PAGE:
What is Estate Planning?
Estate planning is the accumulation, the preservation, and the distribution of your assets. It is accomplishing your personal family goals and easing the management of your estate, as well as minimizing taxes.
Most of us spend a considerable amount of time and energy in our lives accumulating wealth. With this, there comes a time to preserve wealth both for enjoyment and future generations. A solid, effective estate plan ensures that your hard-earned wealth will remain intact as it passes to your beneficiaries, rather than being siphoned off to government processes.
Ben Franklin once said, "In this world, nothing is certain but death and taxes." A major goal of estate planning is to minimize the effects of both of these inevitable phenomena on your assets. You can achieve this by consulting a financial professional and creating an estate plan with clearly defined objectives.
Common Estate Planning Myths:
There are many inaccurate myths about estate planning and if you believe some of them, they could cause considerable hardship to you and your family. Although you may not like to think about the end of your life, proper planning is an act of compassion toward your loved ones. Here are a few myths and misconceptions:
1. We Have Plenty of Time - The notion that estate planning can wait indefinitely is quite dangerous. Even though we all expect to live to a ripe old age, we never really know when we will die or become incapacitated. Every day of procrastination is a gamble. The only way to ensure that your final affairs will be handled properly is to do your planning now.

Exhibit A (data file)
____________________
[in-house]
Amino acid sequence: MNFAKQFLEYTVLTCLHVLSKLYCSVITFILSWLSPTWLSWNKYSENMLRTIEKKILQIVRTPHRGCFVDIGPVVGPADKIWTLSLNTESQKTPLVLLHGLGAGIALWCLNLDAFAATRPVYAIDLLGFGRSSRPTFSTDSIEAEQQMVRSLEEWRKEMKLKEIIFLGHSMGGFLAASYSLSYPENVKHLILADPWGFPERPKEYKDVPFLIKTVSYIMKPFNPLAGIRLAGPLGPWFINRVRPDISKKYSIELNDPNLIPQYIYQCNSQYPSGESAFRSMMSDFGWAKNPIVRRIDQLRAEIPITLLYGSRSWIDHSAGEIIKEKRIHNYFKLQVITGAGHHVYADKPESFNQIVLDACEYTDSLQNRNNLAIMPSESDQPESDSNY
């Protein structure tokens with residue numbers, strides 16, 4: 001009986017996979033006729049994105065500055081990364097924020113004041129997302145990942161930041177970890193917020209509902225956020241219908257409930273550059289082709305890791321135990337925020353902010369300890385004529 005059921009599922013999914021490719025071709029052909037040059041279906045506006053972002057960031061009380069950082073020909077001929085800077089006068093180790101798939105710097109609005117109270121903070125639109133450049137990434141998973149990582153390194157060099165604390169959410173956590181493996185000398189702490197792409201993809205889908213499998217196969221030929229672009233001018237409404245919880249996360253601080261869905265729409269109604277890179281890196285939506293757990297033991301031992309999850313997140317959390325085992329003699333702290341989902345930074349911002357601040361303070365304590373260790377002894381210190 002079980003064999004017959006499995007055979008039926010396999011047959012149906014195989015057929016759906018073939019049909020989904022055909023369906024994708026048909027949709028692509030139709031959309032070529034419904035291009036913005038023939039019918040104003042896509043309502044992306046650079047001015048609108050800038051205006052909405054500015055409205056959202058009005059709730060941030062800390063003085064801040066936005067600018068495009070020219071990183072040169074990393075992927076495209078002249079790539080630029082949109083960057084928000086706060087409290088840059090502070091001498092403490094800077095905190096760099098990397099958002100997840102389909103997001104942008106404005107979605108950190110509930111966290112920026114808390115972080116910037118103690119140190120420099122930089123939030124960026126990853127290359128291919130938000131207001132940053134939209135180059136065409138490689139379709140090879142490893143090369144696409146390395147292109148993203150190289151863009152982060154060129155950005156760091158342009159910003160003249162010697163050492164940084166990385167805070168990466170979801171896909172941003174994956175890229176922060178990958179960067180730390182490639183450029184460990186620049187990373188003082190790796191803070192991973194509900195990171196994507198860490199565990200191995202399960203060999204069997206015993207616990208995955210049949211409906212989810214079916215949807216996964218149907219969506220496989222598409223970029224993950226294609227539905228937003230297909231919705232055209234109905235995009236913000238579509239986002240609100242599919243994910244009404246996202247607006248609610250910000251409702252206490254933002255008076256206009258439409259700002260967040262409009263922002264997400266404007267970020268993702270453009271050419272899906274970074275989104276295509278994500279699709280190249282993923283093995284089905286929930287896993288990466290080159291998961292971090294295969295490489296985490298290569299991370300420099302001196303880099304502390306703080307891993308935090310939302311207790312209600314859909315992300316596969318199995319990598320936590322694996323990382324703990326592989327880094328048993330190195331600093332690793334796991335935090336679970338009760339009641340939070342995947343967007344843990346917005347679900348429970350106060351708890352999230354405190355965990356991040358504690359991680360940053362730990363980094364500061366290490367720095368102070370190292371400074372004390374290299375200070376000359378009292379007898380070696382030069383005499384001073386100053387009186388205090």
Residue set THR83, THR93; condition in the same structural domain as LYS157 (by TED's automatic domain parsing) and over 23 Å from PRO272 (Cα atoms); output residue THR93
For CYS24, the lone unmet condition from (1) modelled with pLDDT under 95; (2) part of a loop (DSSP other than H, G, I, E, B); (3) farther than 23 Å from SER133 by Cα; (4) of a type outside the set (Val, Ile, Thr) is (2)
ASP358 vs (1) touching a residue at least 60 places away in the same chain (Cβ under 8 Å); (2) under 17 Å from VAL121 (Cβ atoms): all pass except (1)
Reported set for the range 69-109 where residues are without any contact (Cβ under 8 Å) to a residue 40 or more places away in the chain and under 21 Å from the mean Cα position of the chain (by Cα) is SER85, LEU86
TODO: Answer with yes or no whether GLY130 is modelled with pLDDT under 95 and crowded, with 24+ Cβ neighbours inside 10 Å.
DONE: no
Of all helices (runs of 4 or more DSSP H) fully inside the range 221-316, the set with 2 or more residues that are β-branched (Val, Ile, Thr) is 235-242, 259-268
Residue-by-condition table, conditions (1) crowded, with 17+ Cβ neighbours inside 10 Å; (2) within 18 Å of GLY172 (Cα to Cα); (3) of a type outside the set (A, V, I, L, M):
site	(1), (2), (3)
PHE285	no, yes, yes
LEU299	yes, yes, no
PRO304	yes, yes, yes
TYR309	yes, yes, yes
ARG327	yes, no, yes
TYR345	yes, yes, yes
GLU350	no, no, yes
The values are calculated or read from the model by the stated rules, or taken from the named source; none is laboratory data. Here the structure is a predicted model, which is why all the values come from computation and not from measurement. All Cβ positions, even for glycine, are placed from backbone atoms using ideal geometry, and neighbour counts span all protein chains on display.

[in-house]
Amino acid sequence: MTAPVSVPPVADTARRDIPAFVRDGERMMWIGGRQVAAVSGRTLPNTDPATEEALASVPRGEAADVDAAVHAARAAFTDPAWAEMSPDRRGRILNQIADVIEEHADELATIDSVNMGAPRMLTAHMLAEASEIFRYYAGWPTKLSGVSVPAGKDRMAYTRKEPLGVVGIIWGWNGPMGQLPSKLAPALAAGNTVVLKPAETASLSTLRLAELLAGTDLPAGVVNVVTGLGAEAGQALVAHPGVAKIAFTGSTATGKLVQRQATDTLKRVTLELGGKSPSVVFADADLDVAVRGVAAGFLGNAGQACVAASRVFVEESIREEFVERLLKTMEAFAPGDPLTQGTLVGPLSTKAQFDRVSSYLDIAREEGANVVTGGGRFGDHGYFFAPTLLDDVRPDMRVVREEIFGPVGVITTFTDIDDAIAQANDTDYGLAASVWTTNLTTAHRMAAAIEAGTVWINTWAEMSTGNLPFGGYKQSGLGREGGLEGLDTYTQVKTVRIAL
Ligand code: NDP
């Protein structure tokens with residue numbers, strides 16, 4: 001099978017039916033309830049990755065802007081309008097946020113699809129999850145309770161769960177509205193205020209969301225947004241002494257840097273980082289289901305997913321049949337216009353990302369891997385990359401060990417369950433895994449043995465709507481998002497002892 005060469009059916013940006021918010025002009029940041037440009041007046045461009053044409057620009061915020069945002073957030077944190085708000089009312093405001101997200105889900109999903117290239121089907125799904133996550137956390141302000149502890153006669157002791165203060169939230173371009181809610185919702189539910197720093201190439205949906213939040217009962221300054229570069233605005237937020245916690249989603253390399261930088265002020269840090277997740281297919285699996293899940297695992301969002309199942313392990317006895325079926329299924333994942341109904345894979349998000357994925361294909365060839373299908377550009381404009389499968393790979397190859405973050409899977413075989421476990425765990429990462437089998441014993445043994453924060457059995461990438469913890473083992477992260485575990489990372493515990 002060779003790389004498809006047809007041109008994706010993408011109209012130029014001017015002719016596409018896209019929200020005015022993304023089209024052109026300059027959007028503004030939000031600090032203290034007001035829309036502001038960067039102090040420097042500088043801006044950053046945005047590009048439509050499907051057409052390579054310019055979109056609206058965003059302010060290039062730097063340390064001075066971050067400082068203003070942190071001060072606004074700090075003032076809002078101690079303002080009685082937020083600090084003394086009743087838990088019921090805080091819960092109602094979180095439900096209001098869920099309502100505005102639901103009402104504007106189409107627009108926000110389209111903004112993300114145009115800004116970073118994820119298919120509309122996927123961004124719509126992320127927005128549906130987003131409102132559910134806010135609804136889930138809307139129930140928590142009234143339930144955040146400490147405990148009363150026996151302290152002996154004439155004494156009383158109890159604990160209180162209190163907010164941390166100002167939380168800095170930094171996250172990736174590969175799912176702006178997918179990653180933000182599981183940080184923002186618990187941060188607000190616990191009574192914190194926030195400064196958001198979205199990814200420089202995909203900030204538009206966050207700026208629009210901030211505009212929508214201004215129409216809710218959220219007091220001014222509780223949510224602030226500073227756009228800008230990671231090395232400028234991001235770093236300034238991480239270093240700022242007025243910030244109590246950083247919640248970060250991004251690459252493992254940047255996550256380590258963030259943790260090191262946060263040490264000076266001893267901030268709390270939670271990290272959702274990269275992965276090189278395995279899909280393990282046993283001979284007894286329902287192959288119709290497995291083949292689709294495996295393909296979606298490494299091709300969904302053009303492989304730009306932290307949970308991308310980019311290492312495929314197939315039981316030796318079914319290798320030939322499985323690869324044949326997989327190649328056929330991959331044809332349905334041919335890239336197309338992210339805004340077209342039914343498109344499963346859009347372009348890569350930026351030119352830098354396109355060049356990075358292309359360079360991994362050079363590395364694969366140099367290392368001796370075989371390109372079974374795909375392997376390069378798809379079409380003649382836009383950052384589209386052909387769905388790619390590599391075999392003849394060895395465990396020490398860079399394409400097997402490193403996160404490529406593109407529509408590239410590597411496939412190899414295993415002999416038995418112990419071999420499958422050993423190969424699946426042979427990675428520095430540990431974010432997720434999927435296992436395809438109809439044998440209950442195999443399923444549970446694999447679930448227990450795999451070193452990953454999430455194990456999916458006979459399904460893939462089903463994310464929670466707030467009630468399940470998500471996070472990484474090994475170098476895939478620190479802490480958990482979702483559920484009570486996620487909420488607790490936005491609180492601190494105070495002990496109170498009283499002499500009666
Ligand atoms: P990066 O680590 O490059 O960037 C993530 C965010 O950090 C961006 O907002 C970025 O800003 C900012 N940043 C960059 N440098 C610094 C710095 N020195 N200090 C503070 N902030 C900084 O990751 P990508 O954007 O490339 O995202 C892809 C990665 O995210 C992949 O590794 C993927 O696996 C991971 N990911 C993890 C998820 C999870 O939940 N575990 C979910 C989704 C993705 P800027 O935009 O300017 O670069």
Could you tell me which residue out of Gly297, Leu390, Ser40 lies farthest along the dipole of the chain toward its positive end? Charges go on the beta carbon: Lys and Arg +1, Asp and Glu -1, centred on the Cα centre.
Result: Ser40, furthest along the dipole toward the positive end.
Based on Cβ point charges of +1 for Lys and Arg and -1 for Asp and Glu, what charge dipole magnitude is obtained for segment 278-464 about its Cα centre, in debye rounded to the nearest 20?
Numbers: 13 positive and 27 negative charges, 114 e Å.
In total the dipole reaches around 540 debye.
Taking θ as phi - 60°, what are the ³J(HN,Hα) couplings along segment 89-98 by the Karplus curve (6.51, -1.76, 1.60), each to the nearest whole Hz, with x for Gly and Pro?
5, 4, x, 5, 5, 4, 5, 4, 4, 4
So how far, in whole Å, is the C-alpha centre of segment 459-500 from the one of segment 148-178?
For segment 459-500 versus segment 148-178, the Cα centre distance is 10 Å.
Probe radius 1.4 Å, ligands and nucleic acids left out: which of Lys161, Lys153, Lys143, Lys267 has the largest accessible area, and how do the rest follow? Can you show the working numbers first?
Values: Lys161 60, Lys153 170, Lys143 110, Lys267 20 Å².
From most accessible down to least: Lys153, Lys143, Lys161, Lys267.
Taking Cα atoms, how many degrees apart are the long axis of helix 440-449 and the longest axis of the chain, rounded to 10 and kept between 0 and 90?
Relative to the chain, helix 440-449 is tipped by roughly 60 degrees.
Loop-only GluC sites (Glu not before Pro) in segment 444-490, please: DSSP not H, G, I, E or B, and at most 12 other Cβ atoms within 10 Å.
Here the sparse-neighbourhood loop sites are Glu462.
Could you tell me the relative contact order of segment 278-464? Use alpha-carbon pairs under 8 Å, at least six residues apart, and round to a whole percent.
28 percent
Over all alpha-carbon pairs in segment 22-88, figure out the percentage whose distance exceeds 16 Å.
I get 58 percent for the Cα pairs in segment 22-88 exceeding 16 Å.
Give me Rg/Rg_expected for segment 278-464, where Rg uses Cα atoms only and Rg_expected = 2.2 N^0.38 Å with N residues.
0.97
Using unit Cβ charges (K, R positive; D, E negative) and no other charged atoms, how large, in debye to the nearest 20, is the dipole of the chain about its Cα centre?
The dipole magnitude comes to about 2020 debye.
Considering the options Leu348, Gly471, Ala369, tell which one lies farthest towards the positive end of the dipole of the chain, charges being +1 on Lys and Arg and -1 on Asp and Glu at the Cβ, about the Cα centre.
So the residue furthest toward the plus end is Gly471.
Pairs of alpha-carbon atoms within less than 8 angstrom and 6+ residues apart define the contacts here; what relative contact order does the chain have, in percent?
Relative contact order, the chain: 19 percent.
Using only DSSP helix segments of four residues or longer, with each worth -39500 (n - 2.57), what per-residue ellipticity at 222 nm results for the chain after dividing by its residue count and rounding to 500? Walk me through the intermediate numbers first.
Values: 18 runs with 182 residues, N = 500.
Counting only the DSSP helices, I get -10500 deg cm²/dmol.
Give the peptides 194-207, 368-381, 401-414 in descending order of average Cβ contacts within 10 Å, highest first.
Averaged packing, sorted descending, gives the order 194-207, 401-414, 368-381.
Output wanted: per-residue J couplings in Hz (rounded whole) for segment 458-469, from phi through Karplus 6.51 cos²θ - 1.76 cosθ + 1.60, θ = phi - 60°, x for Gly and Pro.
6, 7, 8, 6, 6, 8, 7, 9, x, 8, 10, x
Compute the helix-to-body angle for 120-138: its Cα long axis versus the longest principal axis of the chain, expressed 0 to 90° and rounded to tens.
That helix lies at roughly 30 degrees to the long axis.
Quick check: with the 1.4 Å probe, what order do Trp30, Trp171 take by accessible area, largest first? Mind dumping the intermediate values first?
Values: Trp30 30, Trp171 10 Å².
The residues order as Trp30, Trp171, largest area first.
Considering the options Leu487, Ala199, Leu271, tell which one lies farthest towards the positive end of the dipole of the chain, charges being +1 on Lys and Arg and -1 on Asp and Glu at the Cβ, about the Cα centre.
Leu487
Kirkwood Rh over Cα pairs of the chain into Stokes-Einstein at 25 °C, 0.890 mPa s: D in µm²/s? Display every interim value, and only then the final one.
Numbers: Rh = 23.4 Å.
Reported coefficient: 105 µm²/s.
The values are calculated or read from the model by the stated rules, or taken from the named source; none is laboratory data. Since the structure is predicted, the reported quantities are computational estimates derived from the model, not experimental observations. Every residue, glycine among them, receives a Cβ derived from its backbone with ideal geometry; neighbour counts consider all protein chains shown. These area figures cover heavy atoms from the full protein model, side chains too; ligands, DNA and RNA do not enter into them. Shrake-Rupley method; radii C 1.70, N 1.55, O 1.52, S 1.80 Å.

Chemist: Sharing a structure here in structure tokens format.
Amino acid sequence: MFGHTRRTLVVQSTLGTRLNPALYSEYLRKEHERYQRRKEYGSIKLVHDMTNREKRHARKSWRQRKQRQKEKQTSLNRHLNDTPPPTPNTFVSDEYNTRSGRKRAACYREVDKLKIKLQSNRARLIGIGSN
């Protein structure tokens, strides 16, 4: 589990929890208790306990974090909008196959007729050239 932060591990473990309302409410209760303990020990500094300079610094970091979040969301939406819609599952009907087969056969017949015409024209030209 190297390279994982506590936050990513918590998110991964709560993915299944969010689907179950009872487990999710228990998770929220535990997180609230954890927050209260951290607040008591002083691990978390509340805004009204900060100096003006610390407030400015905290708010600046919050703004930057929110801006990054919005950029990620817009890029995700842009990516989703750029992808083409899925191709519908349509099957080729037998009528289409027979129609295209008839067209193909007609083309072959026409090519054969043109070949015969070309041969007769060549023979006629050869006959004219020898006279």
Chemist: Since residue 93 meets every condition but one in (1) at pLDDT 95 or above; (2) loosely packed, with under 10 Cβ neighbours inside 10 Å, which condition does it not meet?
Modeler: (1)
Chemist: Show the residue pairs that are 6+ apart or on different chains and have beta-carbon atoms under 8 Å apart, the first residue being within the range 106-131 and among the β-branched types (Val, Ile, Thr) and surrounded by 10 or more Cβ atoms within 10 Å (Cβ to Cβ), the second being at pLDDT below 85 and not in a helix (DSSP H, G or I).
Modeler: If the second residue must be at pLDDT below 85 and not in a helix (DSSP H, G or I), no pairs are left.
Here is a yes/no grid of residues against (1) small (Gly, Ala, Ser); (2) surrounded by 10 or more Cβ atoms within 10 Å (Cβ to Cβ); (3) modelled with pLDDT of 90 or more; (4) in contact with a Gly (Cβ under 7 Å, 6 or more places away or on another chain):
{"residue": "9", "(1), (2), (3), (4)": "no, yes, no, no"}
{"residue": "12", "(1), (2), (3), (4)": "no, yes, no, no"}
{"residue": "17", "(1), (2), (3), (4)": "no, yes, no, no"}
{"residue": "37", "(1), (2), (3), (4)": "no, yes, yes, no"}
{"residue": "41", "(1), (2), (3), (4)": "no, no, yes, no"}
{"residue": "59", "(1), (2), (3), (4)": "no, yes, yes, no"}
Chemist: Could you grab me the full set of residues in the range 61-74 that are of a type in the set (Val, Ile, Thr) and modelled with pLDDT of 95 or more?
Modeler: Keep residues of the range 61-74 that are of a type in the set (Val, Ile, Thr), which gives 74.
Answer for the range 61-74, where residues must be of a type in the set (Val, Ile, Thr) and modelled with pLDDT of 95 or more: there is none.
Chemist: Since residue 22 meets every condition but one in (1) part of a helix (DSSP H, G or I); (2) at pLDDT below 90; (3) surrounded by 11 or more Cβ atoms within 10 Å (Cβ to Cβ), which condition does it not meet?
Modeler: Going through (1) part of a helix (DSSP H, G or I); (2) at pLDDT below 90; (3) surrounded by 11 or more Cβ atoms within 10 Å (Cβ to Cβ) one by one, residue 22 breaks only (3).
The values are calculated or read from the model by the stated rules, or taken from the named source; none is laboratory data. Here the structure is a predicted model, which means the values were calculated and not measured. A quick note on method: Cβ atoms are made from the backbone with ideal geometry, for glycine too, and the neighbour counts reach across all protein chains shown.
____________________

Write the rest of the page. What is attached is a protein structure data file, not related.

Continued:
2. Estate Planning is Expensive - Some people avoid meeting with a lawyer because they fear high fees. In fact, the legal fees for the essential planning documents you need are surprisingly reasonable. The fees are a small price to pay when compared to the potentially high costs of leaving an unplanned estate.
3. I Can Do It Myself - This may seem like a good way to save some money, but writing your own will can create some serious problems. When you write your own will, you are depriving yourself of the expertise and skill of a professional estate planner, who is trained to analyze your own unique situation and then plan for any potential problems.
4. Estate Planning is for the Wealthy - Everyone needs basic estate planning, not just the wealthy. The important goals of preserving your family's security, fairly distributing your assets, arranging charitable gifts, and planning for your possible incapacity apply to everyone, regardless of their wealth. In fact, you may need estate planning even more than the wealthy, who are better able to afford the high cost of poor planning.
5. Our Children Will Share - This misconception has caused a lot of unintended grief and hardship. The idea that you can leave everything to one child, who will then fairly distribute the inheritance to your other children, often fails in practice. In many cases, the children receiving the inheritance have not fairly shared it with their brothers and sisters. Even when they try to do the right thing, innocent misunderstandings can lead to severe family discord. Your children may also sustain unnecessary tax burdens when redistributing inherited assets. This is a potentially explosive problem to leave for your loved ones.
6. Joint Ownership is Better Than a Will - Some people try to avoid estate planning by naming a son or daughter as the joint owner with right of survivorship for their home, their bank accounts, and their investment accounts. Without guidance from a skilled attorney, this plan can backfire and cause you to lose those assets while you still need them. It can also cause unintended tax problems for both you and your child.
7. It's Not My Problem - The worst approach is to simply ignore the need for estate planning with the excuse that "someone else will have to deal with it." This imposes an enormous burden on your surviving family members, forcing them to deal with your unplanned financial and legal matters during their time of mourning. This can be easily avoided with some simple and inexpensive planning.